Scratch the surface of Scientology and you will find a lot of weird and wild tidbits. To name but a few: The high school science-class “electro-psychometer” used to probe the bodies of new recruits for “hidden crimes,” the requirement that members are made to pay cash for their supposed enlightenment, the Buzz Lightyear-like code words embedded in the mountain of vacuous bureaucratic bafflegab set out by founder L. Ron Hubbard, the creepy measures used to enforce internal discipline (presided over — I am not making this up — by an “Office of Special Affairs”) and the lurid science-fiction plot line that governs the religion’s mythology at its most esoteric levels — involving a pan-Galactic alien ruler named Xenu who summoned billions of humans to our planet 75 millon years ago and then blew them up with atom bombs … after stacking their bodies around volcanoes for some unknown reason.
But perhaps the weirdest part of it all is that Hubbard himself — a paranoid megalomaniac and sci-fi writer who cobbled the roots of Scientology together out of eastern mythology, utopian futurism, and his own eccentric phobias and schoolboy’s love of campy sci-fi neologisms — was able to attract followers despite being quite plain about the mercantile side. A quote of his from a 1980 Reader’s Digest article sums it up: “If a man really wants to make a million dollars, the best way would be to start his own religion.”
It is perhaps because Scientology combines Hubbard’s love of technology with a hair-trigger phobia of anyone who threatened his lucrative business model that Scientologists were among the first to recognize the information-sharing possibilities of the internet — which they promptly tried to censor.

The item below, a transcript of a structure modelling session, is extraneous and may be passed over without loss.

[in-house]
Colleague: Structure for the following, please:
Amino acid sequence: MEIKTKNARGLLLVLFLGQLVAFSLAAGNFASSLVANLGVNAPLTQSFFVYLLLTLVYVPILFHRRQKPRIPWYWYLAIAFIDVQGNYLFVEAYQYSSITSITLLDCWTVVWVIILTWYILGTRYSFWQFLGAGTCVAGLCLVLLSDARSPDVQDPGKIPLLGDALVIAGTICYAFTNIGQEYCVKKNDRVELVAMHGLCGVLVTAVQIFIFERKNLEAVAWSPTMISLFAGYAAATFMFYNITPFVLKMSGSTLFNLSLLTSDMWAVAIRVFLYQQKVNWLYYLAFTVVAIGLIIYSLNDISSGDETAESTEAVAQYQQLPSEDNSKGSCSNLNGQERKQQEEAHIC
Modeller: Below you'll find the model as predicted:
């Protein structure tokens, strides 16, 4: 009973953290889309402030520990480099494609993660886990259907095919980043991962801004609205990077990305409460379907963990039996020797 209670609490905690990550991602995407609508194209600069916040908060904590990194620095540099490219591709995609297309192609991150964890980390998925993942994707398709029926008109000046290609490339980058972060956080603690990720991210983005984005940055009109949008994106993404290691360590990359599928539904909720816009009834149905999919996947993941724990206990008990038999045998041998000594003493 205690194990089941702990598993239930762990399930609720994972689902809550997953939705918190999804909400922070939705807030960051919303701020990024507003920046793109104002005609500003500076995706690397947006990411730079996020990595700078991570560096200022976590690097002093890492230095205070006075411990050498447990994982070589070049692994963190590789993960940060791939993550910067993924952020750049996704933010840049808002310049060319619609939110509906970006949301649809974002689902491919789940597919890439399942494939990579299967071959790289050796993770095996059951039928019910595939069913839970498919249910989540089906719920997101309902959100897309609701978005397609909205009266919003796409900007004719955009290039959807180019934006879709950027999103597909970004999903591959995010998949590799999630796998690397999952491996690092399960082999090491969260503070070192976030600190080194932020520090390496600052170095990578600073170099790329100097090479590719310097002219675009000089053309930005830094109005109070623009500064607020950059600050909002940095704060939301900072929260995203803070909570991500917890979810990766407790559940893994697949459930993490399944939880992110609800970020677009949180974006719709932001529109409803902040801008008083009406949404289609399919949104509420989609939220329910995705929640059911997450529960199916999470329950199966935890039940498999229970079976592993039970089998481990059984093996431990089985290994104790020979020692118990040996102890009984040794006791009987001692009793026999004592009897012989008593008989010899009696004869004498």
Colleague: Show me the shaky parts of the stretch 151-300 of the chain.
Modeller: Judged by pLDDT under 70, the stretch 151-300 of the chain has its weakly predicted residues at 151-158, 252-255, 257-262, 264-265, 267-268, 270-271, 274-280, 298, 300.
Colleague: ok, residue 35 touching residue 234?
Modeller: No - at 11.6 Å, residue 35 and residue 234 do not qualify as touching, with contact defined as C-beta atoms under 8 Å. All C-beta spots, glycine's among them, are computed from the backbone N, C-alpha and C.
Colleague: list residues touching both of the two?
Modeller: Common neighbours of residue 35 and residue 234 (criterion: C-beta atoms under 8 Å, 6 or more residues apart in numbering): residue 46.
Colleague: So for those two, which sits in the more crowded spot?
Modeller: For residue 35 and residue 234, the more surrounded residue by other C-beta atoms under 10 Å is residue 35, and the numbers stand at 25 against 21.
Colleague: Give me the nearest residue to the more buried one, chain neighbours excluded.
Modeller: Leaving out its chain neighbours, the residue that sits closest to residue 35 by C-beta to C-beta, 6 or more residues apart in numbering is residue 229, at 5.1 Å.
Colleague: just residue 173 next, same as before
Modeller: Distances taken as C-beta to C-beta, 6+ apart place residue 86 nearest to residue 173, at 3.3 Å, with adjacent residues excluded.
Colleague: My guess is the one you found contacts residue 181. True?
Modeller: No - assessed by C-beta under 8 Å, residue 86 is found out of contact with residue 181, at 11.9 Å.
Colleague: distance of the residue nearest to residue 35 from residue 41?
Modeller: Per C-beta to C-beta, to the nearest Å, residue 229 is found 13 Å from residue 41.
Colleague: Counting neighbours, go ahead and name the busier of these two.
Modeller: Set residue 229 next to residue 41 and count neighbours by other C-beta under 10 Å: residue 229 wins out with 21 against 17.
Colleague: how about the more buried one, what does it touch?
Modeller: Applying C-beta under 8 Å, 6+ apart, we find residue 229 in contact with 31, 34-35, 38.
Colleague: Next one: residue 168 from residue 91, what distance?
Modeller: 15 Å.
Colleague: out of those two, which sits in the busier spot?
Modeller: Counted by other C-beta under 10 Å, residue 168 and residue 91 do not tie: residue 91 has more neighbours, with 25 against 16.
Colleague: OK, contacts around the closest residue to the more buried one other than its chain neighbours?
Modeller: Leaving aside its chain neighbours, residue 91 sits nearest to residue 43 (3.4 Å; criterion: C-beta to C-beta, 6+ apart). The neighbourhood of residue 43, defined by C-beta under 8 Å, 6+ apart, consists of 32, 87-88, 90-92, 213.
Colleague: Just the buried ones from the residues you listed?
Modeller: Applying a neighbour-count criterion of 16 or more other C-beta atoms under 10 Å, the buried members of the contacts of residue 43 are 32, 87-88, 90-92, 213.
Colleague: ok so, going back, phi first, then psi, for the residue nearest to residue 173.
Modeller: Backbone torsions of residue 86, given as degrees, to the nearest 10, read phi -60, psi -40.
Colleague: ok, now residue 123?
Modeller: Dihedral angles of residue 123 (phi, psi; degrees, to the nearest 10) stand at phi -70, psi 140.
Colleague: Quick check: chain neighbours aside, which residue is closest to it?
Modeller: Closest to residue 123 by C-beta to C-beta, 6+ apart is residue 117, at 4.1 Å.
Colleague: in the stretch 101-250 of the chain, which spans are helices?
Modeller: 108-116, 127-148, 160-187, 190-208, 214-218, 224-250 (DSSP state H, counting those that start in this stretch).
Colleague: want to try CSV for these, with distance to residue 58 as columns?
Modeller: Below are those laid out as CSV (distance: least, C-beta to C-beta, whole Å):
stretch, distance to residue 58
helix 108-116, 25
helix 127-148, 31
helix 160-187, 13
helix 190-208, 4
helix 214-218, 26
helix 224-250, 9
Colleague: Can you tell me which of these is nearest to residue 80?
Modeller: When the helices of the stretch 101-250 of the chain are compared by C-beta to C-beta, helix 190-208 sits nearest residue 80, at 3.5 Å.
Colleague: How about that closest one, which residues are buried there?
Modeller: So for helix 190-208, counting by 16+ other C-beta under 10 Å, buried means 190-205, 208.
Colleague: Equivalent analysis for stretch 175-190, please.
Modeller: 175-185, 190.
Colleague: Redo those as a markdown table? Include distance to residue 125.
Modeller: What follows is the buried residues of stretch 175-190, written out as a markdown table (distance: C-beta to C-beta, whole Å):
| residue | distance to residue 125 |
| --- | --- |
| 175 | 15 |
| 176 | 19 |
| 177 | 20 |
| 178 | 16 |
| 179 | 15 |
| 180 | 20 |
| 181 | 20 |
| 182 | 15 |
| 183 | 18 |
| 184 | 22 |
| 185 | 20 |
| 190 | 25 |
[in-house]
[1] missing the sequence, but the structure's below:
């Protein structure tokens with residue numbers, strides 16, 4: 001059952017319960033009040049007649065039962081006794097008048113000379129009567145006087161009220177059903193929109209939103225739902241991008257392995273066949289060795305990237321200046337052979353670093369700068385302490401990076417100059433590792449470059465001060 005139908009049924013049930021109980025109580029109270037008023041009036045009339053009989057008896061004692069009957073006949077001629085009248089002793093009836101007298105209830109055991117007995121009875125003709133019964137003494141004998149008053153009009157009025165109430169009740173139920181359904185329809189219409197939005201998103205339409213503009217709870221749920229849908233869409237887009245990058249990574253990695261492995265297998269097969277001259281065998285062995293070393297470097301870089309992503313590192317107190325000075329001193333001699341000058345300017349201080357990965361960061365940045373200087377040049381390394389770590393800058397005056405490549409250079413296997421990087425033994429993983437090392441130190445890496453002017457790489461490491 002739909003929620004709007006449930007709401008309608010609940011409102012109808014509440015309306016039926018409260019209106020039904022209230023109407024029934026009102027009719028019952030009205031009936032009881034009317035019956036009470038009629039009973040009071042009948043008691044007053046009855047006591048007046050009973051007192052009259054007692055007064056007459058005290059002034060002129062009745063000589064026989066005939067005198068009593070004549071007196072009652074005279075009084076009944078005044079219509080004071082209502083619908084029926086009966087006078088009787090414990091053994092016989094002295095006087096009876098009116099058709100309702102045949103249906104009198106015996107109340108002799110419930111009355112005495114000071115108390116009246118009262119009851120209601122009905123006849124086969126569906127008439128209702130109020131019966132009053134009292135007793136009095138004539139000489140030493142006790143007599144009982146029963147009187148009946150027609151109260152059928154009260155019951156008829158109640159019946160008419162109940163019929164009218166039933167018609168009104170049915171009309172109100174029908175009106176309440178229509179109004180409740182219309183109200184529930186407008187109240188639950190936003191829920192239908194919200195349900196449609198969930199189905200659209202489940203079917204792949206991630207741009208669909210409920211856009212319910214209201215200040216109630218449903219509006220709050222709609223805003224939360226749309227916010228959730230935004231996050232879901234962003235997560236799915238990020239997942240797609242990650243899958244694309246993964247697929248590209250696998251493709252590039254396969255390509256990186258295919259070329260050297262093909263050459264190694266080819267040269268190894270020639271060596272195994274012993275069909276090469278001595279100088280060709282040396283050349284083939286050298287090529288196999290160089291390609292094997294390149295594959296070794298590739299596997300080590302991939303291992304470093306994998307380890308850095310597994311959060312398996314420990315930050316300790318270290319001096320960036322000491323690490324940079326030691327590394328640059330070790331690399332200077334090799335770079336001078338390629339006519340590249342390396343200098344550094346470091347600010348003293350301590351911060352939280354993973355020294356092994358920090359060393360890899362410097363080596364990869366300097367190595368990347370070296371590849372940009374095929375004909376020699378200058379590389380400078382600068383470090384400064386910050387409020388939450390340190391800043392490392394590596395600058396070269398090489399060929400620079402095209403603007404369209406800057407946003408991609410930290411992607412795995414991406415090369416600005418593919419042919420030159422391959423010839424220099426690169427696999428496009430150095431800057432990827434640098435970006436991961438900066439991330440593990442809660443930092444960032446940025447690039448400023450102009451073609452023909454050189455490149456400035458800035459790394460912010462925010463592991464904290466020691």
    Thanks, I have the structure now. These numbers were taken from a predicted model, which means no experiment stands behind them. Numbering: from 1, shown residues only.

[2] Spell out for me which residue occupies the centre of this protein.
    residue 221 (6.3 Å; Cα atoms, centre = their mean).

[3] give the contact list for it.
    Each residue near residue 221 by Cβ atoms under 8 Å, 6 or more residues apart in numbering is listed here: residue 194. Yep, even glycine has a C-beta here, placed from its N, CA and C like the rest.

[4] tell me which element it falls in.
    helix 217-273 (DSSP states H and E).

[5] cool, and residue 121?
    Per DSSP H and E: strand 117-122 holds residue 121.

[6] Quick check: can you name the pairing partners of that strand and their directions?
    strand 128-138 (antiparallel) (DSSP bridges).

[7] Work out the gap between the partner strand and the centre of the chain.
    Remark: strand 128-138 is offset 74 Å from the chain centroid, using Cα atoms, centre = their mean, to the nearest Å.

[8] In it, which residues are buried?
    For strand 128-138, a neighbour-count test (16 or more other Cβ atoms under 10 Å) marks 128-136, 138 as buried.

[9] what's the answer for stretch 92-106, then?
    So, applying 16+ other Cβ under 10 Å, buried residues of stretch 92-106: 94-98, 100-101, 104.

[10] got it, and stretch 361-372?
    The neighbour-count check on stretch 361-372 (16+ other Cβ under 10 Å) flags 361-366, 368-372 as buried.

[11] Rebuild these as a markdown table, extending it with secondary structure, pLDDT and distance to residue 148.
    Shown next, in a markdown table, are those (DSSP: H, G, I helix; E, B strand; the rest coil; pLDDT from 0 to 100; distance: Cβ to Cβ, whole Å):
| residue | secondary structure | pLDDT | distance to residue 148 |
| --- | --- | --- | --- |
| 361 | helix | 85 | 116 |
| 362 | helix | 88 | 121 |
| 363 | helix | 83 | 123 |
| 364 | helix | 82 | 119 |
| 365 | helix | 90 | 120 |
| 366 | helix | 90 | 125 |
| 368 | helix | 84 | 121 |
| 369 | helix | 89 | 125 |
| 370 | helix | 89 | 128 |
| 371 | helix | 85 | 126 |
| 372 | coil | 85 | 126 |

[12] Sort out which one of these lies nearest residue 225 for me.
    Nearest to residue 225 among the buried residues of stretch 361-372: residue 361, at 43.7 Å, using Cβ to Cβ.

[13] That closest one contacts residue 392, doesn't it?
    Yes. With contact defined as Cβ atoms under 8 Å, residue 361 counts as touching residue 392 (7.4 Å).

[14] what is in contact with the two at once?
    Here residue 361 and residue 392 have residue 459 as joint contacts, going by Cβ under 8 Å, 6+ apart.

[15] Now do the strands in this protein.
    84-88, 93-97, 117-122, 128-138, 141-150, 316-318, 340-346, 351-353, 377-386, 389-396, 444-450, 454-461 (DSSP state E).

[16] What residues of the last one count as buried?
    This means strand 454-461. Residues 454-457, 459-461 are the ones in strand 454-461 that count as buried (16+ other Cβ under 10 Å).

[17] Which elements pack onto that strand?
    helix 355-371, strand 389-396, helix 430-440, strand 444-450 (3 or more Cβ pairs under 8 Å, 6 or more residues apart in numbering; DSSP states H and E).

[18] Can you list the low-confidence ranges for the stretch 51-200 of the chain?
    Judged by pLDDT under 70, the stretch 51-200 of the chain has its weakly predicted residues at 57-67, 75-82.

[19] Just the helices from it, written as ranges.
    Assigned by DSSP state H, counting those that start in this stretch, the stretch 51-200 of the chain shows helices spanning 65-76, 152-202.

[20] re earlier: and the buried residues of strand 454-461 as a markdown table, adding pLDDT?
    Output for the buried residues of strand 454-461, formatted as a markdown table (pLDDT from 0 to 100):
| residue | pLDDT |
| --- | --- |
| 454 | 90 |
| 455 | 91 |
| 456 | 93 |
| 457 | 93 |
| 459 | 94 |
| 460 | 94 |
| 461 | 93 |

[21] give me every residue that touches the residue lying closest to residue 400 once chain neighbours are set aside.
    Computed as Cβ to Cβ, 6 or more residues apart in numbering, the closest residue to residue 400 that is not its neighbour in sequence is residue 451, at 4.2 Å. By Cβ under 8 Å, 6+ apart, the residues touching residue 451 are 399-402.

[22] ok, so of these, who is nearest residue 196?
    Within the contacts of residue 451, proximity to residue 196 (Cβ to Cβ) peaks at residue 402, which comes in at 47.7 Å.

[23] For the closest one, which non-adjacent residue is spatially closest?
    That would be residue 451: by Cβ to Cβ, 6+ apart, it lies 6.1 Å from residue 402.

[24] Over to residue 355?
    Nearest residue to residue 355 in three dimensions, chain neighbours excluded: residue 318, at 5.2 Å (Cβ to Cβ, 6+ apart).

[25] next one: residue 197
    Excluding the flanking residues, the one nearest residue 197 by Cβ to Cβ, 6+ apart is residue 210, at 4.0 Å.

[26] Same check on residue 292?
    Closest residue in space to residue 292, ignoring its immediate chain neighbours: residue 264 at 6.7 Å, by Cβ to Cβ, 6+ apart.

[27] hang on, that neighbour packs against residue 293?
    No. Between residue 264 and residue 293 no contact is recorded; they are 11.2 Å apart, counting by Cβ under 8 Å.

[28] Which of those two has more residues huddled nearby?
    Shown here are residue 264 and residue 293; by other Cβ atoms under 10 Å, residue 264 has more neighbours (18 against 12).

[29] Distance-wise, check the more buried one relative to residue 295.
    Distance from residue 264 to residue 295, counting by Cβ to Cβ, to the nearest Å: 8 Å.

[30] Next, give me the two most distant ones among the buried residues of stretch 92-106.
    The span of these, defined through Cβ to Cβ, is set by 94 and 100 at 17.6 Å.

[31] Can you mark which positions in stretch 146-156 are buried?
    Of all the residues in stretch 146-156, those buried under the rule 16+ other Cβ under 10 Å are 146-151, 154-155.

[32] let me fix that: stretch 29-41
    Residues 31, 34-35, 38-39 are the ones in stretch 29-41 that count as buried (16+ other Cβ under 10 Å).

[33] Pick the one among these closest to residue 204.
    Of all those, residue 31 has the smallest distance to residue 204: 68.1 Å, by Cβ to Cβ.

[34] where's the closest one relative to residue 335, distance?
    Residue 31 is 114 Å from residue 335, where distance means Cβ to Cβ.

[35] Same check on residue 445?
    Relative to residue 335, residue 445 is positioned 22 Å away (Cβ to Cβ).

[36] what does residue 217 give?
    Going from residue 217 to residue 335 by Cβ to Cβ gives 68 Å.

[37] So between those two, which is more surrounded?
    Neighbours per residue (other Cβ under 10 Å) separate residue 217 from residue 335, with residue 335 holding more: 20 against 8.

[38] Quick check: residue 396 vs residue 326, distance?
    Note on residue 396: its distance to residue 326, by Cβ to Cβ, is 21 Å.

Back in the early 1990s, when the net was a mere nerd-nest of text-only discussion groups, Scientologists targeted “copyright terrorists” by trying to shut down whole discussion boards — including the Usenet newsgroup alt.religion.scientology, which they claimed violated the Scientology trademark.
They have also tried to get Google to exclude anti-Scientology websites from its search results, and used hardball legal tactics to harass, bankrupt and intimidate their critics — many of them disaffected former members. In the United States, the Church of Scientology also has been a staunch backer of draconian copyright legislation. If you want to know whether Scientology qualifies as a “religion” on par with other bona fide faiths, try to imagine the Catholic Church or the Saudi royal family charging people tens of thousands of dollars to learn their religious tenets, and suing anyone who dared republish the Koran™ or Bible™ on the internet.
Of course, people have the right to embrace fringe faiths. At the very least, it must be admitted that Scientologists don’t strap bombs to their chests. And it is also true that their entry-level teachings generally promote peace, honesty and tolerance of other faiths. If people want to spend their time and money poking each other with eMeters and learning about what Xenu did 75 million years ago, I suppose that’s fine by me.
Unfortunately, however, Hubbard’s cosmic theories were hardly free of bigotry. One of his beliefs was that the tortured souls of the aforementioned victims of Xenu continue to pollute the minds of modern humans — an idea that led Hubbard to all manner of bizarre theorizing about psychology. This included the notion that psychiatrists are part of a movement rooted in Xenu’s genocide plot, and thereby constitute the source of all human suffering. It is this belief, which remains embedded in Scientology’s teachings, that prevents many of us non-believers from having normal relationships with Scientologists.In the summer of 2005, my newspaper’s editorial board hosted a group of Canadian Scientologists who were angry about an article we’d run slamming Hubbard (Or “LRH,” as the man is known — Scientologists love acronyms). They were doing OK with us — until one of my fellow editorial board members asked our guests about their views on mental health issues, at which point things went all Xenu in a hurry.